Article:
Interactive Localisation System for Urban Planning Issues [chapter]

Roberto De
2011 Efficient Decision Support Systems - Practice and Challenges From Current to Future  
Efficient Decision Support Systems -Practice and Challenges From Current to Future 460 general shape of the territory (at the urban or regional scale), planners have to access to specific models and data processing systems with friendly user interface, while it is not essential to have very detailed and precise outputs. In other words, at the beginning of planning process it is important to have the order of magnitude of a complete variety of phenomena, which in the following phases can be
more » ... eted in an exhaustive way. Urban planning and location problems Urban planning is the instrument to improve the best distribution of human activity on the territory (Benevolo, 1963). Planners developed localisation theory at the same time with the analysis of urban models since the mono-centre scheme deepened by Von Thünen (1826). His model of land use, that connected market processes and land use, was based on the assumption of maximizing the profits by the actors (farmers). Localisation was closely connected to the physical distance among different land uses. This deterministic and static concept took its stands on the principle of equilibrium status. As a simplified scheme, it was related to a specific problem, and localisation itself must be considered as a particular theme into a wide-ranging and integrated model. However, at the urban scale, localisation theory always referred to the most relevant topics that strongly characterized the growth of the cities: first the agriculture land use, then the industrial areas and the big residential districts, until the commercial facilities and the distribution of urban public services (the service-oriented city). Until 1954, general localisation theory has been related to a specific geometrical scheme (MacKinder in 1902 and Weber in 1909, which Christaller developed in his Central Place Theory in 1933), always in relation to new cities addressed to industrial settings, showing a restricted application domain. In 1954 Mitchel and Rapkin put in rigid connection land use and urban traffic also considering the modal split; this idea was used in the transportation plans of Chicago and Detroit, showing its practical use in city planning. The Gravity Model by Lowry and Garin (developed in 1963), applied in Pittsburgh, offered a new understanding both in the field of a general urban model and in the definition of two sub-models regarding economic topics and localisation (assigning to this last theme a specific role). Even considering Von Neumann's and Morgenstern's criticism of the rational research of optimal solutions with the introducing of the concept of sub-optimal, urban models concerning location like problems spread in the last 40 years in many real contexts at urban and regional scale. It is important not to merge localisation models with Operational Large Scale Urban Models (OLSUMs) that are mathematical simulation models describing comprehensive urban systems in great details (spatial, with a fine zoning of the territory, and functional, with a disaggregated account of urban activities and infrastructures) 1 . Localisation and accessibility in consolidated or historical cities Application of location and accessibility models to real contexts implies the definition of the invariant conditions: consolidated and historical cities can not be warped with new mobility 1 Born in USA late '50s of the last century, these models flourishes at best in '60s and '70s, especially in UK in a large number of applications for sub-regional territorial planning. The critics of Lee in 1973, in his very famous paper "Requiem for large-scale models", helped the lost of interest in '80s and '90s. Since the end of the XX century a slow but growing interest can be remarked.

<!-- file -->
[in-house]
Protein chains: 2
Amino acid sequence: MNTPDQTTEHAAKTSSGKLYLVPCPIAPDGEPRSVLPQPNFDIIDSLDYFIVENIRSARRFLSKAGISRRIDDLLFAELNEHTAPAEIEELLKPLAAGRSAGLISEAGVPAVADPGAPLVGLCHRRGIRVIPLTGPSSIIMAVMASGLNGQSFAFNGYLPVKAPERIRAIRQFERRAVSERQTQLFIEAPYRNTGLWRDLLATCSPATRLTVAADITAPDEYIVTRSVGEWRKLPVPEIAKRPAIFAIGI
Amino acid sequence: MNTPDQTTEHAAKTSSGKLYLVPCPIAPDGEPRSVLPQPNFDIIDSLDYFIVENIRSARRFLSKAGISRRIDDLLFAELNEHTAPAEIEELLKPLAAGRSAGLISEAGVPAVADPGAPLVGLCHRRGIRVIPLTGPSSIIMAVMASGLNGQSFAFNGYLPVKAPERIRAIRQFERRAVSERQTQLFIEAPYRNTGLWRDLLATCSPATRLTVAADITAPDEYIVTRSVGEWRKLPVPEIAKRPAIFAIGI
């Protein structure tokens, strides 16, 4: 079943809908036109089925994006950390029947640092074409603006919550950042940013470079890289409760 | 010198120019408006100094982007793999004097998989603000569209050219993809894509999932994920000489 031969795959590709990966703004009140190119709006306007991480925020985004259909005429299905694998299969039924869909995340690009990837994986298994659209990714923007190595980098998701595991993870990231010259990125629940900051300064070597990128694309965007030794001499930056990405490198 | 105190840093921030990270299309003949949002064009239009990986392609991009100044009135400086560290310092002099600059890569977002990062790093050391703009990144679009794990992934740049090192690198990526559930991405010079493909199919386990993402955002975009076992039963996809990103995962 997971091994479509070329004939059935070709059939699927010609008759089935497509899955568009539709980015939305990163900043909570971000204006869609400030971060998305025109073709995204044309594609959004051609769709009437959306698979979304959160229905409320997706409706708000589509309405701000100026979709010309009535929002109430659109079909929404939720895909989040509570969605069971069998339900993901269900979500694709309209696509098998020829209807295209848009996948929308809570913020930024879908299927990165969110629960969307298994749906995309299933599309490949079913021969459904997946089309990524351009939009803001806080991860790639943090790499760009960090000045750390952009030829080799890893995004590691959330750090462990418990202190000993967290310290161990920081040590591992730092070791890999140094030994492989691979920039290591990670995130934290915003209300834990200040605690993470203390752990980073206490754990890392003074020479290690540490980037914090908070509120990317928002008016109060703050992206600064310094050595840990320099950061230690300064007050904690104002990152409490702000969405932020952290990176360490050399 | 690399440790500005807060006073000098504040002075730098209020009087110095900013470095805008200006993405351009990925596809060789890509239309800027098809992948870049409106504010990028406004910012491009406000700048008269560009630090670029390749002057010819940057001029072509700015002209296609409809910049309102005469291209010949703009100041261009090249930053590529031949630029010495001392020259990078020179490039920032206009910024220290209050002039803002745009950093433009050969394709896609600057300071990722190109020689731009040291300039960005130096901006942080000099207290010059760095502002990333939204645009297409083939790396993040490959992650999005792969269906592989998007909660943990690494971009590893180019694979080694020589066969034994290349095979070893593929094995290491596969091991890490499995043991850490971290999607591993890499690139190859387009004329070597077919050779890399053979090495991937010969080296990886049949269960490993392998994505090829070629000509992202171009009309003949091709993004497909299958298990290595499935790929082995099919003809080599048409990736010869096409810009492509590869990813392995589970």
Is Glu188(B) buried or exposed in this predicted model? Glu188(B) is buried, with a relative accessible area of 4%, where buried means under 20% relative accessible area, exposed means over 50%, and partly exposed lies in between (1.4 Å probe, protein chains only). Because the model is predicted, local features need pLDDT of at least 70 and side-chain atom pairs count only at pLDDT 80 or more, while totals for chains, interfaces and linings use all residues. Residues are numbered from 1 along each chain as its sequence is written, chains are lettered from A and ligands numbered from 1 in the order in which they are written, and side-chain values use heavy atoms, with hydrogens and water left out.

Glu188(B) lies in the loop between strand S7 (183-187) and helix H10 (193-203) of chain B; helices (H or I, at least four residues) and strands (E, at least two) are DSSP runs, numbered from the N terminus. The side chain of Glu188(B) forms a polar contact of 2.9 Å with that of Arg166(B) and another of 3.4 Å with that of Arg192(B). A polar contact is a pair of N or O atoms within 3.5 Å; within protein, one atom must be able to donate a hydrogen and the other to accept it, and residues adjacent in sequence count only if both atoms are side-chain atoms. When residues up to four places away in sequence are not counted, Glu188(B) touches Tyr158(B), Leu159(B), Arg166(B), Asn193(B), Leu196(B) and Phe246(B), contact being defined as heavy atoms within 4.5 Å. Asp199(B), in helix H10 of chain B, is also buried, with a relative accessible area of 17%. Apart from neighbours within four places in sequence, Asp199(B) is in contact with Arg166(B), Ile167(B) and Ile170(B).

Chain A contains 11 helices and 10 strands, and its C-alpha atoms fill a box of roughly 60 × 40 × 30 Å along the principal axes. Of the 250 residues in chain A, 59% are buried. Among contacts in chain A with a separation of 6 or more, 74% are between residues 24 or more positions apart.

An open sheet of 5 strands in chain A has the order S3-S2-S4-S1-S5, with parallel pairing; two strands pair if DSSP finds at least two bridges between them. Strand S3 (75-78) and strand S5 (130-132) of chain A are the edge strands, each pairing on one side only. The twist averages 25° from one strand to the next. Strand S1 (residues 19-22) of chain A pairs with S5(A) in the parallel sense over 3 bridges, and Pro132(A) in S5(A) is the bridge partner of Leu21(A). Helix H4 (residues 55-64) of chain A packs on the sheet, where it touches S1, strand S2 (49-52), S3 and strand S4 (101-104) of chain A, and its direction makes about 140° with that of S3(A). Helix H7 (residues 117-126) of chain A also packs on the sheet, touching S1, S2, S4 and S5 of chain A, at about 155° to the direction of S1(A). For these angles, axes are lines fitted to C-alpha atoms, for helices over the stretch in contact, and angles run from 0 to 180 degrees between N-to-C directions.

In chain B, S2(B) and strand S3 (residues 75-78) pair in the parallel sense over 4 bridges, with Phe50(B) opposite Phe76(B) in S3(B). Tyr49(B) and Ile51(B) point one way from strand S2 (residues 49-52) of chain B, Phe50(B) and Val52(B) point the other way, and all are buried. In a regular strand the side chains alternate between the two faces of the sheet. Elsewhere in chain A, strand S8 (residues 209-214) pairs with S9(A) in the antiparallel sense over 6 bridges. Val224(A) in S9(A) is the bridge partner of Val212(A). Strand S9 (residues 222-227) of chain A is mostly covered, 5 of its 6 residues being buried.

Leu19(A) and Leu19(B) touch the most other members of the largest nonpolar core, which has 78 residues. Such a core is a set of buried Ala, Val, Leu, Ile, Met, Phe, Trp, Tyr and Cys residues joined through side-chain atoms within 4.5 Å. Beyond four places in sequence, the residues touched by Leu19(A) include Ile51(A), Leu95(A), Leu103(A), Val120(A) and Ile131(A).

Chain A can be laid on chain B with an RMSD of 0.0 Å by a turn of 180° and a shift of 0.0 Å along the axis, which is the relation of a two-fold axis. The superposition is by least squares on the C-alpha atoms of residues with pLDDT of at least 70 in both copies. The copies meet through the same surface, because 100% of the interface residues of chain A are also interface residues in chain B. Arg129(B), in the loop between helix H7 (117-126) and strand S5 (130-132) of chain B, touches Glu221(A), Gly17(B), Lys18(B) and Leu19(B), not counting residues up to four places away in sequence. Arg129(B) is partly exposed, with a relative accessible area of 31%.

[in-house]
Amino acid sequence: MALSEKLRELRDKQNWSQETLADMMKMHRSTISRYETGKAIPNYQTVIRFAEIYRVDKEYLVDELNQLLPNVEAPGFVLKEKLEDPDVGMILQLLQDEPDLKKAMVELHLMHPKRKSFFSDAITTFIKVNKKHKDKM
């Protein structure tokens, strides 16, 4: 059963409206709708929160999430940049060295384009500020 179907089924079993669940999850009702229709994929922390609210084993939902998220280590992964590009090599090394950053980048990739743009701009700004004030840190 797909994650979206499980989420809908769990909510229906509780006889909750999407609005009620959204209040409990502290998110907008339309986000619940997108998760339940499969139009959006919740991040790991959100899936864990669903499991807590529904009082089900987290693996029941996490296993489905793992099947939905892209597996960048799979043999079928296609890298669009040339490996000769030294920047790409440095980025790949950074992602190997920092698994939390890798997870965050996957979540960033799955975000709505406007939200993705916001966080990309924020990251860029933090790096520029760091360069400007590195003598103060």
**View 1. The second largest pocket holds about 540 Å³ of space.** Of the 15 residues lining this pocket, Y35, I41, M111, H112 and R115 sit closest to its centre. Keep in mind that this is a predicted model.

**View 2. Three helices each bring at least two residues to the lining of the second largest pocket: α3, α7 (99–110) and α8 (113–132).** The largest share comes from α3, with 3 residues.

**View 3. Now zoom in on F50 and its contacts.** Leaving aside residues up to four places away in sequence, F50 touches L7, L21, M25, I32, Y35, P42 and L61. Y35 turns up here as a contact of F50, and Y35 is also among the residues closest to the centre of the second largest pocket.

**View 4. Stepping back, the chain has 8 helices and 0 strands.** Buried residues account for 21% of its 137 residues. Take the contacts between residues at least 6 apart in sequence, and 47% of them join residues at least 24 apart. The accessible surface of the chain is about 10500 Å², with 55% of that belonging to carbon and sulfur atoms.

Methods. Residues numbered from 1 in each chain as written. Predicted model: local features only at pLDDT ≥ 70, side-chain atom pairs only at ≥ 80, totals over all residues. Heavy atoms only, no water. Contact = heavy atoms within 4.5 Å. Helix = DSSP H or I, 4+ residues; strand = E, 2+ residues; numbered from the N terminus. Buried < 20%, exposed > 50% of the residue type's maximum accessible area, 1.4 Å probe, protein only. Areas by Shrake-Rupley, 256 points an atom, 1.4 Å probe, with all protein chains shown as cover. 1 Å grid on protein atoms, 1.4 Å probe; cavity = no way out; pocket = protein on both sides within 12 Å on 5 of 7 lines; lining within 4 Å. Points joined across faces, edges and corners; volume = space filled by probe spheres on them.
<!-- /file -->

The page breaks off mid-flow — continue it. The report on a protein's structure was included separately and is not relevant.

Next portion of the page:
doi:10.5772/16960 fatcat:p67g742m7rfulhp5idutseijhy